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Assassin's Creed Review

8 December 2007

Jade Raymond. Now that she is out of the way we can go ahead.

Designed for the PlayStation 3, Xbox 360, and PC; Assassin's Creed takes current-gen gaming to the next level with stunning graphics and an immersive story. The game itself actually takes place in the present, where a bartender named Desmond has been taken hostage by scientists who are trying to get a specific memory from his mind. The only problem is, the memory isn't his. It is one of his ancestors.

The scientists continually get Desmond, who was once an assassin, to lie down on a machine called the Animus. The Animus allows Desmond to see memories of his ancestors, and in this specific case, a person named Altair (all-tie-ear), which is Arabic for "The Flying One". Altair lived during the Third Crusade in 1191 and is a member of the Hashshashin that roughly translates to "assassin".

The game starts off with Desmond's first memory, which is of Altair and two fellow assassins’ on their way to recover a treasure and slay Robert de Sable, the Grand Master of the Templar Knights. On his way in, Altair leaves no man standing assassinating innocent by standers as he makes his way through. Once he finds de Sable, an un-stealth like move gets Altair thrown into the next room and one of his fellow assassin's killed while de Sable leaves with the treasure.

Because of this, Altair is then demoted to the lowest rank in the Assassin Order and all of his skills and weapons taken away. Now, Altair must travel to different cities such as Jerusalem and Acre and assassinate nine men in order to redeem himself. This is where the game truly starts.

Before setting of on each mission, Altair speaks with Al Mualim, the leader of the Assassins, who informs Altair on where to go and restores a weapon and a new skill. After speaking to him you can then leave the building and train your new skill, which only takes a couple of minutes and is definitely worth it. Once you get down to the gates you can get a horse and ride through what is known as "The Kingdom" which is pretty much the land that joins all the cities.

Throughout The Kingdom there will be random enemies to practice your skills with and viewpoints to climb up to light up your map or help in the completion of side quests. The Kingdom itself is rather large and can be bit confusing at first. You may find yourselves constantly pushing "select" to view the map to make sure you are taking the right path. If you want to get straight to the action then don't worry, after the first couple of assassinations, the game allows you to fast-forward your memory and will re-sync at the city entrance.

As you make your way through cities during each mission, it’s not hard to find yourself impressed at the amount of work and detail that went into creating them, especially when perched on a viewpoint where you get a glimpse of nearly the entire city. In a normal game you may notice the same couple of people placed everywhere or the same couple of buildings placed around in a city, but you won't find that in Assassin's Creed. Granted, the human models are used more than once and I'm sure the building models are used just as much as well. However, the point is that you will have a hard time noticing two of the exact same models. The amount of detail that is placed in Assassin's Creed really enhances the sensation that you are part of a living, breathing community.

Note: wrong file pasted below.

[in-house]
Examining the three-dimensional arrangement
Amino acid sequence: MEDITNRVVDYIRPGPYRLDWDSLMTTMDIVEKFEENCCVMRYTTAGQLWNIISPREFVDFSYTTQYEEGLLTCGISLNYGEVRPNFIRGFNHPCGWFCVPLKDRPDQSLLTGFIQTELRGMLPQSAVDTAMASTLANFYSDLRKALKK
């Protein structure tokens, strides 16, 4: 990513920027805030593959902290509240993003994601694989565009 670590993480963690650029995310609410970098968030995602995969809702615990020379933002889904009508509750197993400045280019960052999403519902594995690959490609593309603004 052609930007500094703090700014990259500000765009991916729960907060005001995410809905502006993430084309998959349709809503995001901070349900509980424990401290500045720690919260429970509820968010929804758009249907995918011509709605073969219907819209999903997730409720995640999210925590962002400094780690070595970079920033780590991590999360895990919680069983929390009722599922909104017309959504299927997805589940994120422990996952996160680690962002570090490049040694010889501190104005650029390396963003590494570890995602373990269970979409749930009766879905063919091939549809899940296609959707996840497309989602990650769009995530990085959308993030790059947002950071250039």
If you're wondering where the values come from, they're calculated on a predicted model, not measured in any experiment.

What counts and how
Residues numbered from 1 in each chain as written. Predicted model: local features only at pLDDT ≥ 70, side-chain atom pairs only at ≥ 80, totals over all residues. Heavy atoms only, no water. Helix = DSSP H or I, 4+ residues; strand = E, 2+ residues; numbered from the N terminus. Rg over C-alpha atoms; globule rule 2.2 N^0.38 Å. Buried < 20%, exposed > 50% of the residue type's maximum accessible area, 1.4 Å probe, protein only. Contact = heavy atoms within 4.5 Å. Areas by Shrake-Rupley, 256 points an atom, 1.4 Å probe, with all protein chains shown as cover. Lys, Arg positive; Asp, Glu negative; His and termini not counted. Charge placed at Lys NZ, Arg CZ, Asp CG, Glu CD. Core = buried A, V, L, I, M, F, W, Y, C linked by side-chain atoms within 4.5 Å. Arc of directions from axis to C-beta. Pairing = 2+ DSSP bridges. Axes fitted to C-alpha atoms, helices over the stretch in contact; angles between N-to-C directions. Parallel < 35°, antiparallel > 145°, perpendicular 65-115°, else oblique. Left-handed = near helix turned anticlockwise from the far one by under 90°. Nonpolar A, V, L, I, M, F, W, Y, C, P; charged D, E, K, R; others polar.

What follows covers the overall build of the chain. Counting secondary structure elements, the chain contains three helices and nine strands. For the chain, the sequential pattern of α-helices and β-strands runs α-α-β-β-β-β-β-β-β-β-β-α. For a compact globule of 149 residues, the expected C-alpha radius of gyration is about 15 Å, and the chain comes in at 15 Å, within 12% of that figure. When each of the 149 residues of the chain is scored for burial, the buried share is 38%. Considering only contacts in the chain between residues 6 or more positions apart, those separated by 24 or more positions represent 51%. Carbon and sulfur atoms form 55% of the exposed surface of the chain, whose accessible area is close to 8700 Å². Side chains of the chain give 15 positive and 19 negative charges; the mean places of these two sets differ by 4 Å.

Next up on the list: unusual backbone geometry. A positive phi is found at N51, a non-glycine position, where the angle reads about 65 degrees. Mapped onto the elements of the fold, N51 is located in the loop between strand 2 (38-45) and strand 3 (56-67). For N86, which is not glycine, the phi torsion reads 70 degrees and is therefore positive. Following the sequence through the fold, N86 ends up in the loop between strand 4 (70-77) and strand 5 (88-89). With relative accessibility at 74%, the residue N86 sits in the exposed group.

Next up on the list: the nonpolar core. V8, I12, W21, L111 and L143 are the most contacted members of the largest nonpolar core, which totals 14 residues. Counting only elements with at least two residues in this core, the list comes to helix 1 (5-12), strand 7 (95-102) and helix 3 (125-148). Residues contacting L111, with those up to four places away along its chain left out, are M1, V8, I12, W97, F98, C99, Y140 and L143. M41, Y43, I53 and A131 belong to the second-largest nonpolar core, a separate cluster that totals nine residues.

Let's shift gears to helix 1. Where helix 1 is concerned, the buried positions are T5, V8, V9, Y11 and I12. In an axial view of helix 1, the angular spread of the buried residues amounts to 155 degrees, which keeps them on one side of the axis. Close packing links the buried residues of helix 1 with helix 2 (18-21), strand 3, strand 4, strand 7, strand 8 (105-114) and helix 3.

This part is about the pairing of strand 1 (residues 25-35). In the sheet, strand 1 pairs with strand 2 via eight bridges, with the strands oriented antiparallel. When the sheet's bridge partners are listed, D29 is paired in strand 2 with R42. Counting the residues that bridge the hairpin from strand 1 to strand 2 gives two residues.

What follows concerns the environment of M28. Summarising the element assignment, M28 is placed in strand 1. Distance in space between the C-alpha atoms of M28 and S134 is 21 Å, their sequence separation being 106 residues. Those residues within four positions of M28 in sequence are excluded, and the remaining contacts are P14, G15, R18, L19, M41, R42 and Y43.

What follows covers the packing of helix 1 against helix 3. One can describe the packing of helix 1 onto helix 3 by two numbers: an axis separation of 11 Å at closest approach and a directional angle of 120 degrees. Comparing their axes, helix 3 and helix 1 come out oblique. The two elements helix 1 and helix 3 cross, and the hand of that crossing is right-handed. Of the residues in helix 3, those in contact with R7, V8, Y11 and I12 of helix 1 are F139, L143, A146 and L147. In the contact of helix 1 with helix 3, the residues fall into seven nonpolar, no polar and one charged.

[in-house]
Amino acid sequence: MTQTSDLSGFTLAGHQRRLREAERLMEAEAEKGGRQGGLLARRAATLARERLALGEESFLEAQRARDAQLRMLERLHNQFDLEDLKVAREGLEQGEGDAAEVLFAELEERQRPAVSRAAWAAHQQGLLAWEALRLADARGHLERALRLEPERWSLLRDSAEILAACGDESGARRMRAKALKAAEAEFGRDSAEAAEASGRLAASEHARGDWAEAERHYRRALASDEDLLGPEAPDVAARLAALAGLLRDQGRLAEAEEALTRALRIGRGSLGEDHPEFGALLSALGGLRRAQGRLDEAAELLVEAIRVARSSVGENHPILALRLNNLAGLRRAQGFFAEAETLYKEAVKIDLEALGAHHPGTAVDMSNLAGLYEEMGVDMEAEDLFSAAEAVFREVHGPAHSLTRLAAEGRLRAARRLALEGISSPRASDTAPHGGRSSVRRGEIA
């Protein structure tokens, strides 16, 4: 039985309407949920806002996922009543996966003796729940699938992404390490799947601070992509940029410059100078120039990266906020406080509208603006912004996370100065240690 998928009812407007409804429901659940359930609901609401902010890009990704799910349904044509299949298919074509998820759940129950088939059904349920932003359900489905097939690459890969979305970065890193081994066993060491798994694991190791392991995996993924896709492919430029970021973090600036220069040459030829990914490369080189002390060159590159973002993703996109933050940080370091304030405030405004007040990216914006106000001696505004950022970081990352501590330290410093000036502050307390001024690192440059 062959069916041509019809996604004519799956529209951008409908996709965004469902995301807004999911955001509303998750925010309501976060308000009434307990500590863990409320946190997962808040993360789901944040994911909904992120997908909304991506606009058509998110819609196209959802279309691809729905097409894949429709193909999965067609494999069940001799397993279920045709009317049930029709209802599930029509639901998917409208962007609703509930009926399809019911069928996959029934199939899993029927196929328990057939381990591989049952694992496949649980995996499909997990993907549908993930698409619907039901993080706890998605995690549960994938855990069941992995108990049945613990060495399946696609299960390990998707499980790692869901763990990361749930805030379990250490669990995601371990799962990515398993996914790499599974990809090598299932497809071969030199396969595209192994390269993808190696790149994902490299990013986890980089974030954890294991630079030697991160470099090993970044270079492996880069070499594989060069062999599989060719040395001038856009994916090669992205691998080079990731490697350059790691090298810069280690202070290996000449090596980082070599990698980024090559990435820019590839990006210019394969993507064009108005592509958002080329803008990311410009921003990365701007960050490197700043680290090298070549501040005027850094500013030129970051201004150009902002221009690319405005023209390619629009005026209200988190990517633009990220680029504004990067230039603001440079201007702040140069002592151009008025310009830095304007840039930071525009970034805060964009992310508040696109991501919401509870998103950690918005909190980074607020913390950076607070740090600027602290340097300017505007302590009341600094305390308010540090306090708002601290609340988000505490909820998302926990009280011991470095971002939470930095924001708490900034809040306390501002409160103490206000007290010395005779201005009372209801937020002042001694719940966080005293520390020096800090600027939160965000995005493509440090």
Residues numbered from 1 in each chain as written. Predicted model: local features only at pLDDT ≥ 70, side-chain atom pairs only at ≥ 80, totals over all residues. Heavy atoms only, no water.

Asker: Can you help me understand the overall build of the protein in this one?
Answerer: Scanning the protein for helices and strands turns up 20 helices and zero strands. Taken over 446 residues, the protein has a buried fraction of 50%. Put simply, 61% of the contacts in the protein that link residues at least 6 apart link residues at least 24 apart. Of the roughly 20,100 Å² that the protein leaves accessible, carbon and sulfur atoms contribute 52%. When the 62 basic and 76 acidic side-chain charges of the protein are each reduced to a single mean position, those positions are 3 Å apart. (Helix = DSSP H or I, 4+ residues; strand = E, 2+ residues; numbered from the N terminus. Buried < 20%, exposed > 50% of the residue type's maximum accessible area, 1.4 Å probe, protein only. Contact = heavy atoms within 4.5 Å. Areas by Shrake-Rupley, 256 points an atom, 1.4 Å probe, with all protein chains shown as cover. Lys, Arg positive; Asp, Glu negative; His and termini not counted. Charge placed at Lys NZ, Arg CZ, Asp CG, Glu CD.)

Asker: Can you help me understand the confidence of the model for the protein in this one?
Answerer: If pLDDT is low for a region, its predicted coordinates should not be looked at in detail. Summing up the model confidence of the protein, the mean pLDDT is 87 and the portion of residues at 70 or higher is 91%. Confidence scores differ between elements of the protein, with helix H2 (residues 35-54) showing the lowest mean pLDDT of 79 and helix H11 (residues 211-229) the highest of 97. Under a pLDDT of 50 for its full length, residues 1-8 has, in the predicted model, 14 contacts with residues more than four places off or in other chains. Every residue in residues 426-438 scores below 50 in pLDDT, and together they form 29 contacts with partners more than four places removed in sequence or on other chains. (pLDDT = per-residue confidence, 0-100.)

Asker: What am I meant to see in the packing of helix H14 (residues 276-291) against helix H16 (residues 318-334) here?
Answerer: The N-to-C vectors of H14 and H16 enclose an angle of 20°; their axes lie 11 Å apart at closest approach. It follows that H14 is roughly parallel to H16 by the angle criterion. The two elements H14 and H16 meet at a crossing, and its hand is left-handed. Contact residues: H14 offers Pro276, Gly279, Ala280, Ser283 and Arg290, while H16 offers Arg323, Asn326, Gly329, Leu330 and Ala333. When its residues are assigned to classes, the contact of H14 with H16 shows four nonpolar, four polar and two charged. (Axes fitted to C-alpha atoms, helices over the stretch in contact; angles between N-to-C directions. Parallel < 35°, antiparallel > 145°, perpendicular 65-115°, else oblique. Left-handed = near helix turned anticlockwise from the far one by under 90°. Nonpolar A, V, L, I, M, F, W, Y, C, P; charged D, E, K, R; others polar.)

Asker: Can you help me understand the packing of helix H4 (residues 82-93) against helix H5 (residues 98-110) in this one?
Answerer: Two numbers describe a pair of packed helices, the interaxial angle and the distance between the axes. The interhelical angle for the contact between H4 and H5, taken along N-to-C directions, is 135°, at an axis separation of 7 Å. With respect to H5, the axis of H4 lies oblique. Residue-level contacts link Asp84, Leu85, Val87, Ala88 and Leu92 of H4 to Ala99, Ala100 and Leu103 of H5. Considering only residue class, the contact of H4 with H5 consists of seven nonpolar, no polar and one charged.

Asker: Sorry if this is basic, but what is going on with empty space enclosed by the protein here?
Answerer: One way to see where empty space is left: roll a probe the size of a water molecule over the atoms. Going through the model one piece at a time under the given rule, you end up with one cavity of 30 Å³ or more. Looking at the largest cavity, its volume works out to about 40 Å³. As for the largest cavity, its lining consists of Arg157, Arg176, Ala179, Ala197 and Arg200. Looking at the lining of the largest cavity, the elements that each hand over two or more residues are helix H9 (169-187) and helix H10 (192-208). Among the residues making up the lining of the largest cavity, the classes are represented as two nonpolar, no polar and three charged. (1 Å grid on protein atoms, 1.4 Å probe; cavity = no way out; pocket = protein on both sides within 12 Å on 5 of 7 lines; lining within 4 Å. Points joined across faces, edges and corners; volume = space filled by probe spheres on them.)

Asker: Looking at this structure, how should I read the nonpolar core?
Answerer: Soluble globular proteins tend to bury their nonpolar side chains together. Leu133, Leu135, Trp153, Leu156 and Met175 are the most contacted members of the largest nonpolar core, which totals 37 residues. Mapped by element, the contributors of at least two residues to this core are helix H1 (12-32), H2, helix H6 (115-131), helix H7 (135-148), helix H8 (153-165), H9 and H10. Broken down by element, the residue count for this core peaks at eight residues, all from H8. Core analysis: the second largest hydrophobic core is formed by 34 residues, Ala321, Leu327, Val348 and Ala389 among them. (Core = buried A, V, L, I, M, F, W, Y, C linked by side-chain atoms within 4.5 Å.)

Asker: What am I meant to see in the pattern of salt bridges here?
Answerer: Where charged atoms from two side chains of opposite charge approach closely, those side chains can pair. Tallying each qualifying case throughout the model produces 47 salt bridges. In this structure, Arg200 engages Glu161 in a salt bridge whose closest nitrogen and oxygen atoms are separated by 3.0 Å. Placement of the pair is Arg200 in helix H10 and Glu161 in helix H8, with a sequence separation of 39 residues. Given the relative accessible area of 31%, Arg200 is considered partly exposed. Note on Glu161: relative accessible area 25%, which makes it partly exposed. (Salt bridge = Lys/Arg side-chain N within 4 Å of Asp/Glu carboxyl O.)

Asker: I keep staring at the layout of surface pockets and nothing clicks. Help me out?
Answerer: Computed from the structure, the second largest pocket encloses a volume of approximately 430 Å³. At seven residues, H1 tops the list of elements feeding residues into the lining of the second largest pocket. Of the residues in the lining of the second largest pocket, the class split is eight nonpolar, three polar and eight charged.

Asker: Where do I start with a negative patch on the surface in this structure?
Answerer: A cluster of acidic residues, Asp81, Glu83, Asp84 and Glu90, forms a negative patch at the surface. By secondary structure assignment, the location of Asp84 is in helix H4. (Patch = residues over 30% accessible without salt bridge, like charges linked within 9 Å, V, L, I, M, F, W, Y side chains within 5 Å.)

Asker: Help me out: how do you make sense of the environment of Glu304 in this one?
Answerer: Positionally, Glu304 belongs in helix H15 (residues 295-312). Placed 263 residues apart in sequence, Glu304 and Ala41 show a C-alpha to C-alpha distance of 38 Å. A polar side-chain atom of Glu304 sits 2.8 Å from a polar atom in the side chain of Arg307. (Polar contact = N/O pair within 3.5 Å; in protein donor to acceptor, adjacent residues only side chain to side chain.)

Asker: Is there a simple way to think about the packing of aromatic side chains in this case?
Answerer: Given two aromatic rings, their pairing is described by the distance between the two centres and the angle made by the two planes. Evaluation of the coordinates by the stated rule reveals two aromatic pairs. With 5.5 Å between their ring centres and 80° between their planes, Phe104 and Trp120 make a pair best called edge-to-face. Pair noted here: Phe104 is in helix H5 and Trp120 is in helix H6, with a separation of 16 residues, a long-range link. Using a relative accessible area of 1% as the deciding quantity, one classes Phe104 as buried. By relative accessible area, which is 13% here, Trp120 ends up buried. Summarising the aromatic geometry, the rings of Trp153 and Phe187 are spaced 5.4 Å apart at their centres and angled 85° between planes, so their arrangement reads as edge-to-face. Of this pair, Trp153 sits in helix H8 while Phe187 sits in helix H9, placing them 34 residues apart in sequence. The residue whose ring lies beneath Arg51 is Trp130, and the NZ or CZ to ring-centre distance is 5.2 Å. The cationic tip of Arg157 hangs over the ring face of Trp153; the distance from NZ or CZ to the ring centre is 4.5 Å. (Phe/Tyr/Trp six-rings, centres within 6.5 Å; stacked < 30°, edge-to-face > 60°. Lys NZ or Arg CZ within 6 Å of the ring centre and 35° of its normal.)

Each city easily contains hundreds of civilians, guards, and buildings. If you kill someone, the people will scream. If you climb a building, onlookers will become curious and crowd the ground below you. It also seems that each and every possible roof to roof jump was meticulously planned out to deliver an adrenaline-filled experience; just be careful though as you may injure yourself from falling too far or in our case, drowning in a canal because we were more interested in performing parkour.

While you are in the city, it is your responsibility to gather information about your target before you can go assassinate him. In order to accomplish this you need to hit up the assassin's bureau, and then head towards your targets. Depending on the game, you must complete various objectives such as pick pocketing, eave's dropping, or simply dishing out a severe beating until he divulges the information you need. However, the developers made this rather easy. Instead of going throughout the entire city and searching for your informational targets, they put icons on your radar to let you know where to find them. Although, if you haven't been climbing your viewpoints in the city, you may not see the icons at all.